On Car Seats And Crisis
By B.J. Hollars
In the days leading up to the big event, we received a letter from our sanitation service informing us that Bulk Item Pickup Day was just around the corner. My eyes widened at the news.
In my list of annual celebratory events, “Bulk Item Pickup Day” ranks high, second only to Christmas. And in some ways, it’s surpasses Christmas; rather than receive a bunch of garbage, we get to hurl a bit of it back..
Immediately, I take to the house to prioritize my junk. Which bulk item will I rid us of forever? I wonder. The half-broken bookshelf seems a logical choice, as does the ancient rocking chair. But moments later, as I make a sweep of the garage, my eyes fall upon another item, one I’ve long known would eventually end up on the curb.
It’s my children’s former car seat, a 2012 Graco something-or-other, complete with all the accouterment you’d expect of a 21st century “travel system”—straps, clips, harnesses, all of which, I assume, have Wi-Fi and Bluetooth capabilities I’d never quite mastered.
Frankly, I’m impressed I even mastered the buckles. After all, in the days leading up to my son’s birth—back when I was still practice-swaddling his stuffed animals and color coordinating his future bibs—I’d dedicated more than a little time working through the intricacies of that car seat. Yet my preparation hardly spared me from my recurring nightmare, one in which, upon leaving the hospital with our son in tow, I found myself baffled by the tangle of harnesses stretched before me, all of which constricted and elongated in the precise opposite manner I wanted them to. In my dream, it was the car seat equivalent of a Rubik’s cube, a contraption meant to make the user go mad.
Four years removed from the real-life version of that drive home, I find myself staring at the crumb-caked seat—reflecting on the miles logged, the trips endured, the many journeys we took together.
This was, after all, the seat that transported our son to Niagara Falls and our daughter to Duluth, the seat that carted them on endless loops to the library, the children’s museum, and the park.
How many holidays had our children sat strapped in their seat as we drove through the rain and the snow in our efforts to spend some time with our families? And when, I wonder, did we use this seat for the last time?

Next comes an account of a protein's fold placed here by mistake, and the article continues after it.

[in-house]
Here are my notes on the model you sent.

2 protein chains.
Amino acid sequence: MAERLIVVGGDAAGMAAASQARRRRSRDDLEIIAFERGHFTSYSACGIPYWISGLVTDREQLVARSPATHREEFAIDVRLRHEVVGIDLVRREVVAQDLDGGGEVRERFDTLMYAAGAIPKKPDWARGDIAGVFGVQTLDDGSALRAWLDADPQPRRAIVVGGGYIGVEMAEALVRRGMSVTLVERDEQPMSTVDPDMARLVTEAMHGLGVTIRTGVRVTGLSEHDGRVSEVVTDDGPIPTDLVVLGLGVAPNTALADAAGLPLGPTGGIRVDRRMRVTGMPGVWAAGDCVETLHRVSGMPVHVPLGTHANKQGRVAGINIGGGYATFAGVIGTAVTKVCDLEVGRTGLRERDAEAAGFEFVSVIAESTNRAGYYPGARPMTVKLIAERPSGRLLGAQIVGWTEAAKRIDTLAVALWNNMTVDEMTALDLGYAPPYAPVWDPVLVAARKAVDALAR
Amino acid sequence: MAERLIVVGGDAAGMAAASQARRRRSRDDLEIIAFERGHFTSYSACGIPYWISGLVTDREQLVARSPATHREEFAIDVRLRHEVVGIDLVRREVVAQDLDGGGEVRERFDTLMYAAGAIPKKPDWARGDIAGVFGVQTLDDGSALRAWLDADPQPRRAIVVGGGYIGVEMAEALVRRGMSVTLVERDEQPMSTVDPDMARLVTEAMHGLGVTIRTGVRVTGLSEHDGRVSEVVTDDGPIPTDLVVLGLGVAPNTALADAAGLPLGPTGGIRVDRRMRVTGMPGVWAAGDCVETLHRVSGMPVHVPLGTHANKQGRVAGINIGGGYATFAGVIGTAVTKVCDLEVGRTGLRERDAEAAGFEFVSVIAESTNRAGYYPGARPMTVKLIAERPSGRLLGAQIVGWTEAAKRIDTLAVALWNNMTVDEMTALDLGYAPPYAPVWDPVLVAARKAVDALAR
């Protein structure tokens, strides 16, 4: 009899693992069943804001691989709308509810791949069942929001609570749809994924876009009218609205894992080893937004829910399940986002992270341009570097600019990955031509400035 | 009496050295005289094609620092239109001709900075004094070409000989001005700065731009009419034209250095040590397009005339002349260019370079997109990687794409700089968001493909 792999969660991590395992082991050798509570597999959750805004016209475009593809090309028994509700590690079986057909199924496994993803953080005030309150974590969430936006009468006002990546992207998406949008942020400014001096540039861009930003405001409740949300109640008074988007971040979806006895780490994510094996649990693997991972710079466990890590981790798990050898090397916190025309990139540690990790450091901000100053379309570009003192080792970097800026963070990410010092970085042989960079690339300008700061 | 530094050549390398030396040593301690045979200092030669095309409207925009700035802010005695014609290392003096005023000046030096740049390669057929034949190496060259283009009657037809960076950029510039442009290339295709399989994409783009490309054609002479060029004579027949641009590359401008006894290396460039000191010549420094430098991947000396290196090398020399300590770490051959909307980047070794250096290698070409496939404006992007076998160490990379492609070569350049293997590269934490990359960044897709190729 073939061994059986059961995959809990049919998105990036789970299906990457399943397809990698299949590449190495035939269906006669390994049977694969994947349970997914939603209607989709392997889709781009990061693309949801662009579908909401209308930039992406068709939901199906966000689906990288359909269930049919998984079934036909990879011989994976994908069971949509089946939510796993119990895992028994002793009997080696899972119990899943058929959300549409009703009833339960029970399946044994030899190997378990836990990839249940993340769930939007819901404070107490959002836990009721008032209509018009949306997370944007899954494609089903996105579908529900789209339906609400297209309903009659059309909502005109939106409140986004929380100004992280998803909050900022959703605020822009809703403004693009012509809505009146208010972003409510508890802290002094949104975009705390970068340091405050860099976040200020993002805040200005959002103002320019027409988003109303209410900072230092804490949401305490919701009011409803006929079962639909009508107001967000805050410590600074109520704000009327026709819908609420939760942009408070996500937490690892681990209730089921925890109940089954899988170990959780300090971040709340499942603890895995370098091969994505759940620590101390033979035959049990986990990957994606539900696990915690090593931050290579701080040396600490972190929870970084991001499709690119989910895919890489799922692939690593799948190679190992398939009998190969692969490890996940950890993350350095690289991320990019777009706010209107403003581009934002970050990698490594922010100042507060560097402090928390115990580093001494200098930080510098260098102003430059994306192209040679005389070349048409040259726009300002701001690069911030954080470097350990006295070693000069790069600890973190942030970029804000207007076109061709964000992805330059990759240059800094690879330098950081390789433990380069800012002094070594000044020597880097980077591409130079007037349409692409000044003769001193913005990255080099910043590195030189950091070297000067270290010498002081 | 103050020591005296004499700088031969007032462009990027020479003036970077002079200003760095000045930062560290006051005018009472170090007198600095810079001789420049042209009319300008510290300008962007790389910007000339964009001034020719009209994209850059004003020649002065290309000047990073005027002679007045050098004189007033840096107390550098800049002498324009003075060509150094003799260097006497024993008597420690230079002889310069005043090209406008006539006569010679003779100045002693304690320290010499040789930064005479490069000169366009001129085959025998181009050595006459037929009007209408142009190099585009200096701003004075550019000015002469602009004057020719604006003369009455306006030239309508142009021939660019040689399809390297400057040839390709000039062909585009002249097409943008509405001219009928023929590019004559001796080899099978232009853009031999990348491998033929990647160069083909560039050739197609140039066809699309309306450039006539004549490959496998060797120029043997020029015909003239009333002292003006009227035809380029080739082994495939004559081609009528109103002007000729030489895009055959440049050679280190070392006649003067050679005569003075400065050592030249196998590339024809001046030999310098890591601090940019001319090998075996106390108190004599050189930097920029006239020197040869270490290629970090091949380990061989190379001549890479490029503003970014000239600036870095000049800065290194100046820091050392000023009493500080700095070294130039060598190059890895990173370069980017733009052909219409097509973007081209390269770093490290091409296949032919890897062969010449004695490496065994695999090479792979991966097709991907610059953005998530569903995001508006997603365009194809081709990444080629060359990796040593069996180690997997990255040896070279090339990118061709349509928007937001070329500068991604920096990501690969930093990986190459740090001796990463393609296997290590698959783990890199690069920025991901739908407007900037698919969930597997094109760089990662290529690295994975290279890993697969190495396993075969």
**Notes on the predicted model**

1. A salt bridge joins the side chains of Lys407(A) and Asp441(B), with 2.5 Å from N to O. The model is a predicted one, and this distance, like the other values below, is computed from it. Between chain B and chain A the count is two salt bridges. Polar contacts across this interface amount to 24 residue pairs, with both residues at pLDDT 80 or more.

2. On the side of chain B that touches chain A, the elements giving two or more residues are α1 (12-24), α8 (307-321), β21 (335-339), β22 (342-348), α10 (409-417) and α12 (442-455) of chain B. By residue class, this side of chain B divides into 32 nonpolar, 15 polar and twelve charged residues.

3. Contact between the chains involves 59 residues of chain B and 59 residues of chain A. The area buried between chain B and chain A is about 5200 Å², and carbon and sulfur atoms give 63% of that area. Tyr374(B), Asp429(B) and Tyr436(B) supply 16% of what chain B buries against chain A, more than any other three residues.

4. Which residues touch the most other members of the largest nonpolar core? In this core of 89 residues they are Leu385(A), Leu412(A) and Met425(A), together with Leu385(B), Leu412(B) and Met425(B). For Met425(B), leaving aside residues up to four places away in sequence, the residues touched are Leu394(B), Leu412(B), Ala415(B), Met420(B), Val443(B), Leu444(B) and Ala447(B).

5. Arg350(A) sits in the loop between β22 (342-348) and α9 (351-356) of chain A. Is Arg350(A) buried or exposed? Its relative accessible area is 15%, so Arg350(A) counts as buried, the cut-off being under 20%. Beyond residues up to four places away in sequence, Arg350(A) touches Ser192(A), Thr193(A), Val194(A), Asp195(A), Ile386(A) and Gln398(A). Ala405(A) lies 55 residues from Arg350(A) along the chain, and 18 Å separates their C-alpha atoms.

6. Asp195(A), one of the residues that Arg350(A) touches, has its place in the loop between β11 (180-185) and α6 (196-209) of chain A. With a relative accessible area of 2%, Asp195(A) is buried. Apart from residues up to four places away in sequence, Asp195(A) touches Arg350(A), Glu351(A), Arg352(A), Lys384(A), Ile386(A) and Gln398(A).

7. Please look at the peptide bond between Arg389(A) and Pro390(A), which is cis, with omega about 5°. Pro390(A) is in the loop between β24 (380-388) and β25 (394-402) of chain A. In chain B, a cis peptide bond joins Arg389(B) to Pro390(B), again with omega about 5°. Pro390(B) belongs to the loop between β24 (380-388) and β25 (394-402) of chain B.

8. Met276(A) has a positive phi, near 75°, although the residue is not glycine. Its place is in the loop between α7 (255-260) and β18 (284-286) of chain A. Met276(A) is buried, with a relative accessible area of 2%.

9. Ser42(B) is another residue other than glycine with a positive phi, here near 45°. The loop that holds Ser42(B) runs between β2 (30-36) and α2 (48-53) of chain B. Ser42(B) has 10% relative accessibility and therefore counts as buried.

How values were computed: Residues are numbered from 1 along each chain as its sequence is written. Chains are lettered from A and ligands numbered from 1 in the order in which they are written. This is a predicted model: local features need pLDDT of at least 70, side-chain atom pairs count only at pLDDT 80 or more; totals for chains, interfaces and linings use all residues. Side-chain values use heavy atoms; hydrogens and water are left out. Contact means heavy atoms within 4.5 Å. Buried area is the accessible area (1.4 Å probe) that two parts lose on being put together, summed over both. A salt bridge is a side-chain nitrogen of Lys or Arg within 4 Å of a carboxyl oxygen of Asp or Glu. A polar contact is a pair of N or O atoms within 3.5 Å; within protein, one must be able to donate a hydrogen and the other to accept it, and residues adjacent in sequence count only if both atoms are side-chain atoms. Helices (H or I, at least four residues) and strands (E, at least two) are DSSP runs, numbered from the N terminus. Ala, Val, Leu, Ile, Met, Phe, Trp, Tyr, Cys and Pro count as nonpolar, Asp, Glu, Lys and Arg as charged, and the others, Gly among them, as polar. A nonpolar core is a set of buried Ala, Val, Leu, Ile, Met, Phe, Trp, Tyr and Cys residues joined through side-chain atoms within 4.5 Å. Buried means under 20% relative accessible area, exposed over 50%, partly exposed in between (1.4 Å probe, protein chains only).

As best as I recall, that seat has been gathering dust for months, the result of a car seat upgrade for my son, which in turn led to a second-hand seat upgrade for my daughter. Since we have no third child—and there are no plans for one—we have no need for the third seat. And so, I sent it out to proverbial pasture (read: chucked it in the garage) and then conveniently forgot all about it. That is, until “Bulk Item Day” forced us to remember, to ponder, at least for a moment, how our lives might change if we had someone to fill that seat.
Though I’m willing to let the seat go, I have a harder time giving up what it represents: confirmation, at least for me, that there will be no third child, no future need for our second-hand-hand-me down-seat.
It’s just a bulk item, I think as I walk it to the curb. Just some garbage that needs to go.
But I don’t fool myself for a second.
That night, at around 3:00a.m., I wake to my dog’s full bladder. I hear her scratching at the bed, signaling me to rise, groan, and begin my zombie walk toward the front door. I leash her, give her ample time to do her business, and as we turn back toward the house I spot the empty car seat aglow beneath the streetlamp. The sentimental father in me is compelled to give it one last look, to run my hand over its plastic one last time just to remember the feel.
Between the first buckle and the last, I’d grown adept at my buckling skills, the result of the unspoken agreement between me and the seat: as long as I obeyed the owners manual it wouldn’t go out of its way to emasculate me on principle. It was an arrangement that satisfied both parties, ensuring not only my children’s safety, but my pride as well.
“Come on, girl,” I say to the dog as she gives one last sniff to the car seat’s crevices in search of wayward Cheerios. She’s rewarded for her efforts, granting her one last meal courtesy of my children’s shared inability to hold tight to a grainy ring.
“Come on,” I repeat. “Leave it.”
There, under the glow of that streetlamp, it’s all I can do to pull her away from that seat.
All I can do to pull either of us away.
B.J. Hollars is a Brain, Child contributing blogger. He the author of several books, most recently From the Mouths of Dogs: What Our Pets Teach Us About Life, Death, and Being Human, as well as a collection of essays, This Is Only A Test. He serves as the reviews editor for Pleiades, a mentor for Creative Nonfiction, and a professor at the University of Wisconsin-Eau Claire. For more, visit: http://www.bjhollars.com